GREG BARNES SEEKS RE-ELECTION AFTER 23 YEARS AS DIVISION 5 REPRESENTATIVE
Courtesy Bundaberg News-Mail – Courier Mail
After 23 years, division 5 councillor Greg Barnes is driven by the need to restore the public’s trust in council and is making transparency a key election issue.
After 23 years, division 5 councillor Greg Barnes is driven by the need to restore the public’s trust in council to go around again for another term.
One of Bundaberg’s longest-serving councillors, Greg Barnes has on occasion been asked why he is going around one more time as a candidate for division 5 in the 2024 election.
After a storied career with the New South Wales police force, including a stint on a covert surveillance team investigating drug dealers, armed robberies and arsonists, Mr Barnes opened a dive shop in Bargara with his wife Isobel in 1987.
He took his first steps towards local government by establishing the Coral Coast Chamber of Commerce and Tourism, Bargara ANZAC Day dawn service and other longstanding initiatives, and engaging with the pre-amalgamation Burnett Shire Council over improving the Bargara seascape.
Eventually Mr Barnes decided to throw his hat in the ring and ran successfully for Burnett Shire Council in 2000, being re-elected five times over 23 years of service to the Bargara community and Bundaberg region.
When reflecting on why he is seeking a mandate to go around for another four years, Mr Barnes hearkens back to the principles of community service and integrity that led him to join the police force almost 50 years ago.
“I think I’ve probably got a justice neurosis,” he said.
“I don’t like seeing things get done underhanded; I never did when I was in the police force, and I don’t in local government.”
Mr Barnes joked that he was driven by a ‘justice neurosis” to seek re-election after 23 years, much the same motivation that led him to join the police force.
Over the past two terms Mr Barnes said he had seen declining public trust in confidence in council due to a perceived lack of genuine community consultation and engagement around matters of great importance to ratepayers.
“The number one issue that’s arisen over the last two terms is the perceived lack of transparency,” Mr Barnes said.
“And that goes hand in glove with the confidence that the community has in their local government.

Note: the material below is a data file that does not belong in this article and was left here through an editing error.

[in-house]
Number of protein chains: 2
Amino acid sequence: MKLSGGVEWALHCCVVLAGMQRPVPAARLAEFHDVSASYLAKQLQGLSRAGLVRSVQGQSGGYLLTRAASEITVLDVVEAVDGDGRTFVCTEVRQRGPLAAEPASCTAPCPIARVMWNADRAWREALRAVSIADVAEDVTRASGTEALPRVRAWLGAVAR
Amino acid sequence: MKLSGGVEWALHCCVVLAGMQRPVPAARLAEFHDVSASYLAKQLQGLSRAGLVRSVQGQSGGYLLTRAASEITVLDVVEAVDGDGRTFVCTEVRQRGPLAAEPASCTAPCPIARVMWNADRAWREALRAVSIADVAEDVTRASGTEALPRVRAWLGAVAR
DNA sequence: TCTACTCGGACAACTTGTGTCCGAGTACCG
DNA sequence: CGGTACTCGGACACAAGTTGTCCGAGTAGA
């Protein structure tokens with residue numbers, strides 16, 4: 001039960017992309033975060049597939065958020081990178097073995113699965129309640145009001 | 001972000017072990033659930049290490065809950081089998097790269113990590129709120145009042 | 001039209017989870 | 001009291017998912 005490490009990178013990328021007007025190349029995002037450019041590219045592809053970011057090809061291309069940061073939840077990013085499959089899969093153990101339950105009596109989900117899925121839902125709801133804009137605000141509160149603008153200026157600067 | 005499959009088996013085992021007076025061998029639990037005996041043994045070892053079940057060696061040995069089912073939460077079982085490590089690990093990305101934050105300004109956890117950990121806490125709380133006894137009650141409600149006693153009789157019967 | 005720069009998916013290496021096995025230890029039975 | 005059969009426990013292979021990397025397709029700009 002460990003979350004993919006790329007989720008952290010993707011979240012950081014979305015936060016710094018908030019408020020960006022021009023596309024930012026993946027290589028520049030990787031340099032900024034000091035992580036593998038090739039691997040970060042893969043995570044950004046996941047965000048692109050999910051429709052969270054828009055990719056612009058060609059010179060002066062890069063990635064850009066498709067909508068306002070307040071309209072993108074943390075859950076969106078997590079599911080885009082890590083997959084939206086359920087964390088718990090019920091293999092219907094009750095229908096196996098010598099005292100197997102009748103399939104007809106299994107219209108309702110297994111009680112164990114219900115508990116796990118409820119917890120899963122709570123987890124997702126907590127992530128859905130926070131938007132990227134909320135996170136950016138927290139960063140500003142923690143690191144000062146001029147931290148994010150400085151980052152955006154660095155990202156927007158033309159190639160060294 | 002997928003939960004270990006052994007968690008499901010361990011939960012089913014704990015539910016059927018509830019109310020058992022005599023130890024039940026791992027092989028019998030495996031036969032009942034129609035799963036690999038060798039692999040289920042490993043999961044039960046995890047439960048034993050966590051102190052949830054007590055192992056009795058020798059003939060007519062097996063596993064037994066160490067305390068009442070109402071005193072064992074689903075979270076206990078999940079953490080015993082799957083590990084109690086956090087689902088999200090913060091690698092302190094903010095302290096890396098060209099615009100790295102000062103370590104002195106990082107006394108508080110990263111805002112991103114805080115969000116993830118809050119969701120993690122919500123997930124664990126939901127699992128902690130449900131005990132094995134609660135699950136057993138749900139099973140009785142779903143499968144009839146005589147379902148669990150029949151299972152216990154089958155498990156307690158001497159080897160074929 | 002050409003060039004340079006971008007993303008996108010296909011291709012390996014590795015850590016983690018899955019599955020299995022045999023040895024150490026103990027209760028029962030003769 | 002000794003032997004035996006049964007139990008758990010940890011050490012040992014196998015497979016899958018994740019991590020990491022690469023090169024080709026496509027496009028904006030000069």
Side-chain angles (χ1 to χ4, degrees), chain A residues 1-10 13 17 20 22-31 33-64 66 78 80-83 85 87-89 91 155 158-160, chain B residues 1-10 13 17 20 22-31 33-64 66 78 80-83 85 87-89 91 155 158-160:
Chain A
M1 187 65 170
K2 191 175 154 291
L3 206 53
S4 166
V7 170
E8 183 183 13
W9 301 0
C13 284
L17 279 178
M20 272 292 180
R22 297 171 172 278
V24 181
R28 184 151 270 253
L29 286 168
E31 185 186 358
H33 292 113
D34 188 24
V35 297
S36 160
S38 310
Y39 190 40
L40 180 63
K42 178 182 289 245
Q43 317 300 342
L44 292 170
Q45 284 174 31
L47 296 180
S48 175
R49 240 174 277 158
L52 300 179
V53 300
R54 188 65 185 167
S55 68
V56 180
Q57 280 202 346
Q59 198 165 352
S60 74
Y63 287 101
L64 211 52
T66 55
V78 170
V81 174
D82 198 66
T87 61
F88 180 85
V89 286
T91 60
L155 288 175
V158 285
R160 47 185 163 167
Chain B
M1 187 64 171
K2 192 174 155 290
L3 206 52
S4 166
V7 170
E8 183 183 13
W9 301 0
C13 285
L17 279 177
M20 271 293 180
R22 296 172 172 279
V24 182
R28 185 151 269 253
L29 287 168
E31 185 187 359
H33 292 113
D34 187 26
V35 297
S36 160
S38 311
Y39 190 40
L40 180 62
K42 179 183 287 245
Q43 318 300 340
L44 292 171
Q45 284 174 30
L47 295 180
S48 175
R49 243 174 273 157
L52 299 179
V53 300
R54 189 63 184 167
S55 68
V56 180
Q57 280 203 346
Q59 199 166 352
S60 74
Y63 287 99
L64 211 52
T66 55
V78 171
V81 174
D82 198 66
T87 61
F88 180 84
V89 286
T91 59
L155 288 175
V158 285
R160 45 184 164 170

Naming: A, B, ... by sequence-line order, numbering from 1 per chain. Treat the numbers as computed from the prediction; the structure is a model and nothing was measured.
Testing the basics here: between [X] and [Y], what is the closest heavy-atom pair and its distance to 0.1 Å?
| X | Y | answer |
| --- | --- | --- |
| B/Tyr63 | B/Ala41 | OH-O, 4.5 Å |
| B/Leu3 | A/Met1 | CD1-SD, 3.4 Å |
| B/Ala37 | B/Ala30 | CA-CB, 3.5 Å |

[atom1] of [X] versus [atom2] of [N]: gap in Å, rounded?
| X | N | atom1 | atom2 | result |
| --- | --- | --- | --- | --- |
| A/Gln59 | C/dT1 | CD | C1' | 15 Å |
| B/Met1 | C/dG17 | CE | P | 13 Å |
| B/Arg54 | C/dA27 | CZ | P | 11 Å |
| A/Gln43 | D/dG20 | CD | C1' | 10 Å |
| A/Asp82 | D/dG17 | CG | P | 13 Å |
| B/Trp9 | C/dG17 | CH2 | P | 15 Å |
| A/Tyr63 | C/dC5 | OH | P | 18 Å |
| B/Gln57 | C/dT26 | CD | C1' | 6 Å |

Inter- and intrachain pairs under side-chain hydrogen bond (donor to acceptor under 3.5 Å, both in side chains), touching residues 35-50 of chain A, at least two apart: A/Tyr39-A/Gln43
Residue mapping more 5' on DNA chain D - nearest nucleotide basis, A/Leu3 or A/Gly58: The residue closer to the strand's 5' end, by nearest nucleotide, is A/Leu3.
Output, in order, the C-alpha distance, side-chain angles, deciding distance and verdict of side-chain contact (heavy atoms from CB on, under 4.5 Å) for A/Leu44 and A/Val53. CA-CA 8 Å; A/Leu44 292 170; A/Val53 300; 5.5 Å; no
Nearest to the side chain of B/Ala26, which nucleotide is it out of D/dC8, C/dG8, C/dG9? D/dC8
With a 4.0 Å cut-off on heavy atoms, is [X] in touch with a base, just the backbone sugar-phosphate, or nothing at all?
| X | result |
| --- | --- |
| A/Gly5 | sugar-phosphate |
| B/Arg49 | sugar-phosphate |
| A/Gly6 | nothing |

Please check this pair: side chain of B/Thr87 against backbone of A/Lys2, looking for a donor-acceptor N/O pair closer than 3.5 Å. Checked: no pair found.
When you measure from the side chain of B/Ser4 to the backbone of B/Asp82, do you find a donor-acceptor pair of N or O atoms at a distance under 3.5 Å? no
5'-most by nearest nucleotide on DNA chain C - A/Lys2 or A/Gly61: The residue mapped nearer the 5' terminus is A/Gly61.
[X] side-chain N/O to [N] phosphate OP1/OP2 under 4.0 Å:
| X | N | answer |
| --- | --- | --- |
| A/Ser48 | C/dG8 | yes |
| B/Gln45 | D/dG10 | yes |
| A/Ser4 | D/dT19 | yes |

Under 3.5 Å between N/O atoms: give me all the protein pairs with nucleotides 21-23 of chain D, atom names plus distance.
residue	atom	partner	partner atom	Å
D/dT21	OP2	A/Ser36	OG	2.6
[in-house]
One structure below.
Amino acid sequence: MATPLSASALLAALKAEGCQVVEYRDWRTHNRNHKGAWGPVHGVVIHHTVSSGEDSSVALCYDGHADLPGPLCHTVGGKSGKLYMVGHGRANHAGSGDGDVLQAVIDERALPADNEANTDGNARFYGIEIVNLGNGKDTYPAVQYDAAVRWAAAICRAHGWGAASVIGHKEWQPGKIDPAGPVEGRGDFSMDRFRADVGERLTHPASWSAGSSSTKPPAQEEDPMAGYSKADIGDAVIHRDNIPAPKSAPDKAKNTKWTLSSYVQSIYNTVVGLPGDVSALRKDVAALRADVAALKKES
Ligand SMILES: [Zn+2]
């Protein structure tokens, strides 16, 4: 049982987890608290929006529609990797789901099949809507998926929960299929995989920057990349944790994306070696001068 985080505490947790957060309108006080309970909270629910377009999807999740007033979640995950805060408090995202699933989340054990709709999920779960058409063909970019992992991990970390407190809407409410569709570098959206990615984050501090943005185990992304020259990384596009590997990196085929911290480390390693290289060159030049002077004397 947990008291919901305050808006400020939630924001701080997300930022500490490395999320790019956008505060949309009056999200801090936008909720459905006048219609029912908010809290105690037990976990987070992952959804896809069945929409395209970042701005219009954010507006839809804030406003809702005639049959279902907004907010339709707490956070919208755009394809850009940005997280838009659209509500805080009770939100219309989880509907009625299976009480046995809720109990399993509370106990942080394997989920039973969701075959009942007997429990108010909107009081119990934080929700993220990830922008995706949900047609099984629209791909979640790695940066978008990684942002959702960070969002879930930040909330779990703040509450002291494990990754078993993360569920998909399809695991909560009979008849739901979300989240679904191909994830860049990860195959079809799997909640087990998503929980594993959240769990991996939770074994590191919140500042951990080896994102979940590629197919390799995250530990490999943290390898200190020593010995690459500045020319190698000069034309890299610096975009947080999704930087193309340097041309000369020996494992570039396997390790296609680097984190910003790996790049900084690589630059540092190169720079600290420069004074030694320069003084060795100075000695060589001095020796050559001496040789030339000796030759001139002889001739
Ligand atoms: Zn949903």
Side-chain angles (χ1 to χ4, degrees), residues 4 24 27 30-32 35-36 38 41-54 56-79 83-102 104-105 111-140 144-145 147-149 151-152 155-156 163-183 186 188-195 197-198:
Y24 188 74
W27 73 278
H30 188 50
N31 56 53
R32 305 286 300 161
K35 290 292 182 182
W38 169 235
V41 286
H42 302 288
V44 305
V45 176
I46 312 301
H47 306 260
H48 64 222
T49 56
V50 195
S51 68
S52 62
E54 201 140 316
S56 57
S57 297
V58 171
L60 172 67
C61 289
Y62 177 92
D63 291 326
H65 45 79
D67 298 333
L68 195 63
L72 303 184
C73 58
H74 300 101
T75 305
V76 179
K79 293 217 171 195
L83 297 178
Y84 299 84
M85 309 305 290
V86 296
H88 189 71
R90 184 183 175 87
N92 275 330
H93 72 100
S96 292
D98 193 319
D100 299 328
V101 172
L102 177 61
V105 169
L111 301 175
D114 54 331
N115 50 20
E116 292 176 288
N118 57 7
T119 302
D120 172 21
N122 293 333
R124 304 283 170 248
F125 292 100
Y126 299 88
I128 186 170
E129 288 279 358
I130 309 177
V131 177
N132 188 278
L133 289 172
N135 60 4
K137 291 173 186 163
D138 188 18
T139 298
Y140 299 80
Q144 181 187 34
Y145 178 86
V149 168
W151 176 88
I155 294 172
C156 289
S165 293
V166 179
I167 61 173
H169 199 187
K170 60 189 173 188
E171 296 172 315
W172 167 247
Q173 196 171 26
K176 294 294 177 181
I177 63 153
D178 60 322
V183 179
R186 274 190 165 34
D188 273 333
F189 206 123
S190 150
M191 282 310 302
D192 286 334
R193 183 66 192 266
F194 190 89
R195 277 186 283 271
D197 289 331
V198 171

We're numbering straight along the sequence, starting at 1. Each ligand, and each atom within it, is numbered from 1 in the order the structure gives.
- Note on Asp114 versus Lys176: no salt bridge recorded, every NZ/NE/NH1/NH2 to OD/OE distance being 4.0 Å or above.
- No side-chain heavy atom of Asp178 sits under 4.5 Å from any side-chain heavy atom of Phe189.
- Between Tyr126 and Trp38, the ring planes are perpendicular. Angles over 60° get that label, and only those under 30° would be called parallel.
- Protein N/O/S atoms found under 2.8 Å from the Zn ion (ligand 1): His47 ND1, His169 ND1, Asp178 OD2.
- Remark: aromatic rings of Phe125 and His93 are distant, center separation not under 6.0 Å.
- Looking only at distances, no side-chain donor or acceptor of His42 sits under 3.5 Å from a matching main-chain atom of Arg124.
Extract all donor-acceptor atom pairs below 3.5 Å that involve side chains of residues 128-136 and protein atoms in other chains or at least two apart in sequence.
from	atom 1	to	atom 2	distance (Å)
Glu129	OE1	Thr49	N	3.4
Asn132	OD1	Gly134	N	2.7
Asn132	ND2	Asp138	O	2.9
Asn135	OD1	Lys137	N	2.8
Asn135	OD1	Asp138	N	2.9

“Everything seems to be decided behind closed doors, people aren’t happy.”
Mr Barnes cites the demolition of the Anzac Pool as an instance in which ratepayers were “lied to” by council.
“They were told it wouldn’t be closed until the aquatic centre was open”, he said.
“And then the bulldozers moved in, which coincidentally happened just after the council became aware of an application had been lodged for heritage listing.”
Building community confidence in local government through a renewed commitment to transparency and accountability needed to be one of the primary goals of the next term, Mr Barnes said.
Mr Barnes said there was a declining public confidence in council due to due to a perceived lack of genuine community consultation and engagement around matters of great importance to ratepayers, including the demolition of Anzac Pool.
“People just want open and accountable governance, that’s what it’s all about,” Mr Barnes said.
“In this day and age you’d think it’d be more easily available, rather than being made harder.”
Mr Barnes said cases where ratepayers had been told by council to pay for an RTI request to obtain information such as detailed costings of the aquatic centre project were an absurdity, given the revenue council was deriving from ratepayers’ funds.
“Why should ratepayers have to pay for (council’s financial statements)?,” Mr Barnes asked.
“It’s their money that is being spent.”
A Bargara resident, Mr Barnes has ensured he maintains a high profile in the community by regularly getting out and engaging with the public.
Since a 2014 council satisfaction survey identified discontent with council transparency, Mr Barnes has provided a community consultation desk every Saturday which he said had been “really well received”.
“What I keep saying to the other councillors is that when somebody complains, they’re not your enemy,” Mr Barnes said.